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Cabot couple invite community to annual Thanksgiving dinnerPublished November 28, 2013 at 12:00 a.m.
CABOT—While most people have a tradition of going to a family member’s house to eat turkey and dressing, some folks are left without a place to go to celebrate Thanksgiving.
Heather and Dane Moore are doing what they can to make sure everyone in Cabot has a full belly today.
This is the fourth year for the Moores to coordinate the Cabot Community Thanksgiving Feast. In 2009, Heather and Dane looked for someplace in Cabot where their family could perform community service for Thanksgiving. When they failed to find a place where the whole family could volunteer, they served in another community, she said.
After that, Heather and Dane decided to take on a community meal themselves, and now they plan to continue to do so for years to come because of the success of the Cabot Community Thanksgiving Feast.
“We usually add almost 100 more people each year,” Heather said. “The first year we had around 330, then 450; then the next year we had over 500.”
The Moores are preparing for at least 600 people to come together and eat from 11 a.m. to 2 p.m. today at the Cabot Church of Christ, 500 N. Second St.
“All of the food is donated,” Dane said.
Local organizations have donated the meats, and individuals within the community have donated side items such as dressing and green beans.
“People can come and go. They can eat there or they can come in and get to-go trays to take to their families,” Dane said.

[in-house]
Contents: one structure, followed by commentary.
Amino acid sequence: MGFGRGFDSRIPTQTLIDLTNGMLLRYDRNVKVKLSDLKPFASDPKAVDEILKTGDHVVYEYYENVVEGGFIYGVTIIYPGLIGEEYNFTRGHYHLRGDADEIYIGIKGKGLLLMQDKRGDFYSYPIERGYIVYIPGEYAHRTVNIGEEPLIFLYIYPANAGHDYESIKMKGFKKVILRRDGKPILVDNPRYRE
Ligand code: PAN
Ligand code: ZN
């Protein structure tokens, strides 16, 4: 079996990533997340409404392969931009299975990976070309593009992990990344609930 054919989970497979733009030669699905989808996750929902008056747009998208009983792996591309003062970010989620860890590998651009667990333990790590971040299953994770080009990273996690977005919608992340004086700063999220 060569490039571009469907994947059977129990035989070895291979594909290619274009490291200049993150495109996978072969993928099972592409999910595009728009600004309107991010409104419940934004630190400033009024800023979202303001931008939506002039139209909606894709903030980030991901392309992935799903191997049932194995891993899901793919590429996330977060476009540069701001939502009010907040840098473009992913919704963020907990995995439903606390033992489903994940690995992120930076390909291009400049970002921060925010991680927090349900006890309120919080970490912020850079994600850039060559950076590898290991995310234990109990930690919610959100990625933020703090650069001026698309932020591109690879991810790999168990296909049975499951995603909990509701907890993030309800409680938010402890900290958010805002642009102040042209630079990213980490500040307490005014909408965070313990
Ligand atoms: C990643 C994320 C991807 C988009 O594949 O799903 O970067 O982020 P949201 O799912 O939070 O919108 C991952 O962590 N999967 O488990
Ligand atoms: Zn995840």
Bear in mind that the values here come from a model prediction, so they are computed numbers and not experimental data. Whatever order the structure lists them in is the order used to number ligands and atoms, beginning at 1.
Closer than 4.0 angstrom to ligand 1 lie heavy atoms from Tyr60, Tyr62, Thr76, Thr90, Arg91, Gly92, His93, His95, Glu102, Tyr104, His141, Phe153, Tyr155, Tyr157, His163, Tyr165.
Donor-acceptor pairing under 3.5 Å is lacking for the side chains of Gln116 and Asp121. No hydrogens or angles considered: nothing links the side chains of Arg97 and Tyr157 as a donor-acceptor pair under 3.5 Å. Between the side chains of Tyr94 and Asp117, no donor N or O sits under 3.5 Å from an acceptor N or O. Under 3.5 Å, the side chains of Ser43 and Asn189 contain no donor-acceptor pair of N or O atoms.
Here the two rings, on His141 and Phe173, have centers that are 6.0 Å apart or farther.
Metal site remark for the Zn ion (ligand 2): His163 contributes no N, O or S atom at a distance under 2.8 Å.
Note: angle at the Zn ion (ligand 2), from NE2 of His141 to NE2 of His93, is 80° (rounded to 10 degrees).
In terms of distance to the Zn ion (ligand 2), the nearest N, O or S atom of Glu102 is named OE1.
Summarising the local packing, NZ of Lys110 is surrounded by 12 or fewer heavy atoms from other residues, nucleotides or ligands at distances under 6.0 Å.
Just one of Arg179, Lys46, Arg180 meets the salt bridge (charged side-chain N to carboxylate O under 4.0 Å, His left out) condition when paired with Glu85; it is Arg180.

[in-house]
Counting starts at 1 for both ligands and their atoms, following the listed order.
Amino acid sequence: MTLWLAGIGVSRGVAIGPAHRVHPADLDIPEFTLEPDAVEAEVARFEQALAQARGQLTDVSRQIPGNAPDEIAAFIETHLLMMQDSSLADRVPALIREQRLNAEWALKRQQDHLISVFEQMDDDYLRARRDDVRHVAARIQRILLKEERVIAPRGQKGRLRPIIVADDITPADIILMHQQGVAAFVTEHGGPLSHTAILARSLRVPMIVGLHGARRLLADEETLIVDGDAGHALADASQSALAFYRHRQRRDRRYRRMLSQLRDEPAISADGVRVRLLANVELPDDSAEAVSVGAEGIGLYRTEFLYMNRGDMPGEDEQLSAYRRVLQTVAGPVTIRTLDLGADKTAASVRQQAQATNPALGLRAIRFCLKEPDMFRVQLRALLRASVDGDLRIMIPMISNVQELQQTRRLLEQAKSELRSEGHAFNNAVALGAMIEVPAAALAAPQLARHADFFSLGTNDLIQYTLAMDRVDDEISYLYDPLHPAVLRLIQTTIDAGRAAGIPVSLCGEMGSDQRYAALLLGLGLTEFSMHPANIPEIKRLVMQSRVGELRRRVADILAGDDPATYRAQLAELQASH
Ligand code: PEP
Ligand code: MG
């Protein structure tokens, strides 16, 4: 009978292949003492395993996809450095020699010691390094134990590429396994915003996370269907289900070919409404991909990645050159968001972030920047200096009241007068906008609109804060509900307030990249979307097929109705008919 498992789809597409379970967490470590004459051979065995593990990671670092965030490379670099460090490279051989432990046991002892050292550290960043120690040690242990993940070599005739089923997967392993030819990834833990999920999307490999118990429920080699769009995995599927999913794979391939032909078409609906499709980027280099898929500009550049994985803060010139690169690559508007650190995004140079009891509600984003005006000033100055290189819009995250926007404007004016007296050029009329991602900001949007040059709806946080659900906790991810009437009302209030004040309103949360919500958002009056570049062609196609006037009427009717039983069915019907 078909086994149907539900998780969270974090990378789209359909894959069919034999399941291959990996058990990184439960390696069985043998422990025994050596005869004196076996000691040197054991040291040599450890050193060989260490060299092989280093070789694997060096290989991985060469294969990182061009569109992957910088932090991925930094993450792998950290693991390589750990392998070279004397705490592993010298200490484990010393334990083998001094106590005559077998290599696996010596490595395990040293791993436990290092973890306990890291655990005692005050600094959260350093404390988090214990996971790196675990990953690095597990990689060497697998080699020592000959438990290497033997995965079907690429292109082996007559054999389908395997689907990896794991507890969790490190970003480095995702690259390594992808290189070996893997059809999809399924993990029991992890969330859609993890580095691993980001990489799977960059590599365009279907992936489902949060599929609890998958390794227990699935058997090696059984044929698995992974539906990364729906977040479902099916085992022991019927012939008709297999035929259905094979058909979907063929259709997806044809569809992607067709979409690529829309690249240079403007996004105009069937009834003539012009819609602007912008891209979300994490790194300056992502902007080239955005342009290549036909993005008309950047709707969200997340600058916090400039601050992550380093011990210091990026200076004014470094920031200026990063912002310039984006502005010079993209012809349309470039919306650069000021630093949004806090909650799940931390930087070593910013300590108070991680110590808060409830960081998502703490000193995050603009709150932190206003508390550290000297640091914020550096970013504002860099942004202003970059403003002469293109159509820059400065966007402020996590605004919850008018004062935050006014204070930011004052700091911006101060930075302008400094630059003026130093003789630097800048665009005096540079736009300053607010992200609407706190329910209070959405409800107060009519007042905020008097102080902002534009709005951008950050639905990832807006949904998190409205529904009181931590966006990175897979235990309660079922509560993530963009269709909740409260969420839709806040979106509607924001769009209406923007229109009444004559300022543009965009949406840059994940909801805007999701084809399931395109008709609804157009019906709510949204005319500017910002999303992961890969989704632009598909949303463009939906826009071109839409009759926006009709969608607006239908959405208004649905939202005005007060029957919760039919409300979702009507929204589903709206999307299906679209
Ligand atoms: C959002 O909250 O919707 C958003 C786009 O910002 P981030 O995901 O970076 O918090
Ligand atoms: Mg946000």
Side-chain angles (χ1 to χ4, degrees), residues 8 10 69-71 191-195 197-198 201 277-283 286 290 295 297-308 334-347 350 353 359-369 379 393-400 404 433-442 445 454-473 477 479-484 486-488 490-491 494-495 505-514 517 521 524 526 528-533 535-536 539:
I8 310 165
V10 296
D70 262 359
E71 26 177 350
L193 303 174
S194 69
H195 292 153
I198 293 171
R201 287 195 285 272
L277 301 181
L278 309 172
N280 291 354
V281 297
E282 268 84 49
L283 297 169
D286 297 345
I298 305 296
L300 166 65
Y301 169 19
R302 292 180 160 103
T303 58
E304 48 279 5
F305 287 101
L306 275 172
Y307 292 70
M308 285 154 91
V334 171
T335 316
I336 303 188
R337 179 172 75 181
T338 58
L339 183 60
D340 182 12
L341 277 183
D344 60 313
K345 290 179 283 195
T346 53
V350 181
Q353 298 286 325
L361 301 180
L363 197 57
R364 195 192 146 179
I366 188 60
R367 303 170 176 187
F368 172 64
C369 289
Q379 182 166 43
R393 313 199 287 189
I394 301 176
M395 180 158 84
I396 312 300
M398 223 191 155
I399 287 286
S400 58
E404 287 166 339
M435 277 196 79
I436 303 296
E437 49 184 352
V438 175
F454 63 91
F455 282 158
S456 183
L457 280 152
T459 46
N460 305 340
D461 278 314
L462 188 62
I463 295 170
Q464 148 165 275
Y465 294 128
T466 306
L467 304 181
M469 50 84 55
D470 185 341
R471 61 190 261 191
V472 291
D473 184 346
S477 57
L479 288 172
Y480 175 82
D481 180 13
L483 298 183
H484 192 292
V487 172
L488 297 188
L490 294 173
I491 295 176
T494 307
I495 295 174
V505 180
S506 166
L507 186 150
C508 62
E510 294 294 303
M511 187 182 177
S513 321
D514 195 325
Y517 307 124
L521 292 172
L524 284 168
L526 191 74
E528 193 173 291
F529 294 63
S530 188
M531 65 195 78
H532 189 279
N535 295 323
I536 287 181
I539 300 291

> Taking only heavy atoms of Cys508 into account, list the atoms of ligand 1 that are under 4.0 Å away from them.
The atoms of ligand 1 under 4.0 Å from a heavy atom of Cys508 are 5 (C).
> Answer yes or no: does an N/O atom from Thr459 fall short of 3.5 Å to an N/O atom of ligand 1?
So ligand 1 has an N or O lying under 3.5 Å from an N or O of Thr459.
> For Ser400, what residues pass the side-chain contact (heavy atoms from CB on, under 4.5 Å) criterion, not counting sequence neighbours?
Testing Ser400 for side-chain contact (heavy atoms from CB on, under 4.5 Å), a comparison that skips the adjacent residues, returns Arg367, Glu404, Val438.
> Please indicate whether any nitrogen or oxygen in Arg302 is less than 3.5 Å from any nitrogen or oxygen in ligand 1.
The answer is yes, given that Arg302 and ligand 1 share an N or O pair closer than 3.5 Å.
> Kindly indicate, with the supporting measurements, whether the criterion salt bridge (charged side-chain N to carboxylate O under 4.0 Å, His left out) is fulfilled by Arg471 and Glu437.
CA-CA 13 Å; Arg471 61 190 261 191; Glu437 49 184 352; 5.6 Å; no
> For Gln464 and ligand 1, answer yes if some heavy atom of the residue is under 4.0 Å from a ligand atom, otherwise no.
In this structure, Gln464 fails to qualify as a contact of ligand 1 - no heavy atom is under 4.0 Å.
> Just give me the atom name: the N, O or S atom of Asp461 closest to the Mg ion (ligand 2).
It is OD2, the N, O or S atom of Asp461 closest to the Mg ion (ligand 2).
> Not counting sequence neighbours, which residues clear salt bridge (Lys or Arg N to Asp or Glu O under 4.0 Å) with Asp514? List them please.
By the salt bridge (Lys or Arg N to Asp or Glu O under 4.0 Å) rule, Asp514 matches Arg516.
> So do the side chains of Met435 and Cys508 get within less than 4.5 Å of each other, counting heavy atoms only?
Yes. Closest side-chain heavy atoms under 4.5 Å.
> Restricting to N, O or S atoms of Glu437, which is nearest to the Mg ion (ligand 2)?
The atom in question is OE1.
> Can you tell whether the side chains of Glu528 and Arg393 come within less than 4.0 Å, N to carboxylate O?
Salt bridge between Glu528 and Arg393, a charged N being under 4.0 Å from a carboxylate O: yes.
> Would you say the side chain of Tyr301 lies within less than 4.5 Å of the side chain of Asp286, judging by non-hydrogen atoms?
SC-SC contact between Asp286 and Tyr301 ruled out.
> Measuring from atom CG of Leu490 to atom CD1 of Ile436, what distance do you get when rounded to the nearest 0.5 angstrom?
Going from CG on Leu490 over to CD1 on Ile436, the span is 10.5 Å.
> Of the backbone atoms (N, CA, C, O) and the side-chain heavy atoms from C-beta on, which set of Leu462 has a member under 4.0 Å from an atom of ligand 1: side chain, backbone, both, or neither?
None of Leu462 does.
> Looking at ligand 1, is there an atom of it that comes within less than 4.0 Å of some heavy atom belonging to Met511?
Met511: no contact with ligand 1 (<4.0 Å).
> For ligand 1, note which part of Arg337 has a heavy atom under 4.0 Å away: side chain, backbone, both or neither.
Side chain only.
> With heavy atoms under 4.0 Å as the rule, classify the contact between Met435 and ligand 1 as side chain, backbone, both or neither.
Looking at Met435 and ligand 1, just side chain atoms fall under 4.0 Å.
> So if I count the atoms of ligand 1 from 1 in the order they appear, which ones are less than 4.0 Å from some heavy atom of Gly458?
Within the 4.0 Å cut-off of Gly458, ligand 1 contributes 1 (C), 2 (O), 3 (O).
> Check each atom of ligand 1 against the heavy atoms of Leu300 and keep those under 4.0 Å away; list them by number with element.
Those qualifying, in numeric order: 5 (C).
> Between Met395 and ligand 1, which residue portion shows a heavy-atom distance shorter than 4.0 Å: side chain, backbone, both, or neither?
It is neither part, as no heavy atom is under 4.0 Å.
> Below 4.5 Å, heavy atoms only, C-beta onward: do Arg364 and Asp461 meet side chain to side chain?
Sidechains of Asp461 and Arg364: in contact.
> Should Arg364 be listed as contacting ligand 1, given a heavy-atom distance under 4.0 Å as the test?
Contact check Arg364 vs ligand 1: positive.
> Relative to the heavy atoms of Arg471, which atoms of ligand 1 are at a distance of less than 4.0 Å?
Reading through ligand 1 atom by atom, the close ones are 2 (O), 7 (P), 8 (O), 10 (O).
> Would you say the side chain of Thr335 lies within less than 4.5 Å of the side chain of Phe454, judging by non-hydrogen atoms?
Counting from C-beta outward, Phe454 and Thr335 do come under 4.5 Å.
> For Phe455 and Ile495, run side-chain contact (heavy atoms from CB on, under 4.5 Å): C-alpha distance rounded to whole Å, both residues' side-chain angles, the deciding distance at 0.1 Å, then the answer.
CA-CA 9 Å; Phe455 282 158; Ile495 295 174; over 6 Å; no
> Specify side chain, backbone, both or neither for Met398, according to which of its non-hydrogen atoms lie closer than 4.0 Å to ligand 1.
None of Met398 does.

Delivery is also available for those who want to participate in the feast but don’t have a way to get there.
Heather said the community has always been willing to help with the feast each year.
“We’ve had to turn people away [from volunteering],” she said. “It’s a good problem to have.”
What keeps the Moores going year after year? The people who come to the feast.
“I love the stories we hear from the people,” Heather said. “Last year we had a family who didn’t know what they were going to do [on Thanksgiving] because they had just lost their house to fire.”
Heather and Dane both said they enjoy the community coming together as one for a day.
“A lady two years ago called Heather and told her she lived in Jacksonville and wanted to see if she could come to the feast,” Dane said. “Her son was killed in Iraq, and she said, ‘I really feel like I don’t want to be alone for Thanksgiving.’ We invite anyone who wants to come to come.”
Any leftovers from the feast — which the Moores said usually aren’t many — are taken to the Open Arms Shelter in Lonoke.
More information about the Cabot Community Thanksgiving Feast is available at www.cabotfeast.com or by calling (501) 259-3799.
Staff writer Lisa Burnett can be reached at (501) 244-4307 or email@example.com.
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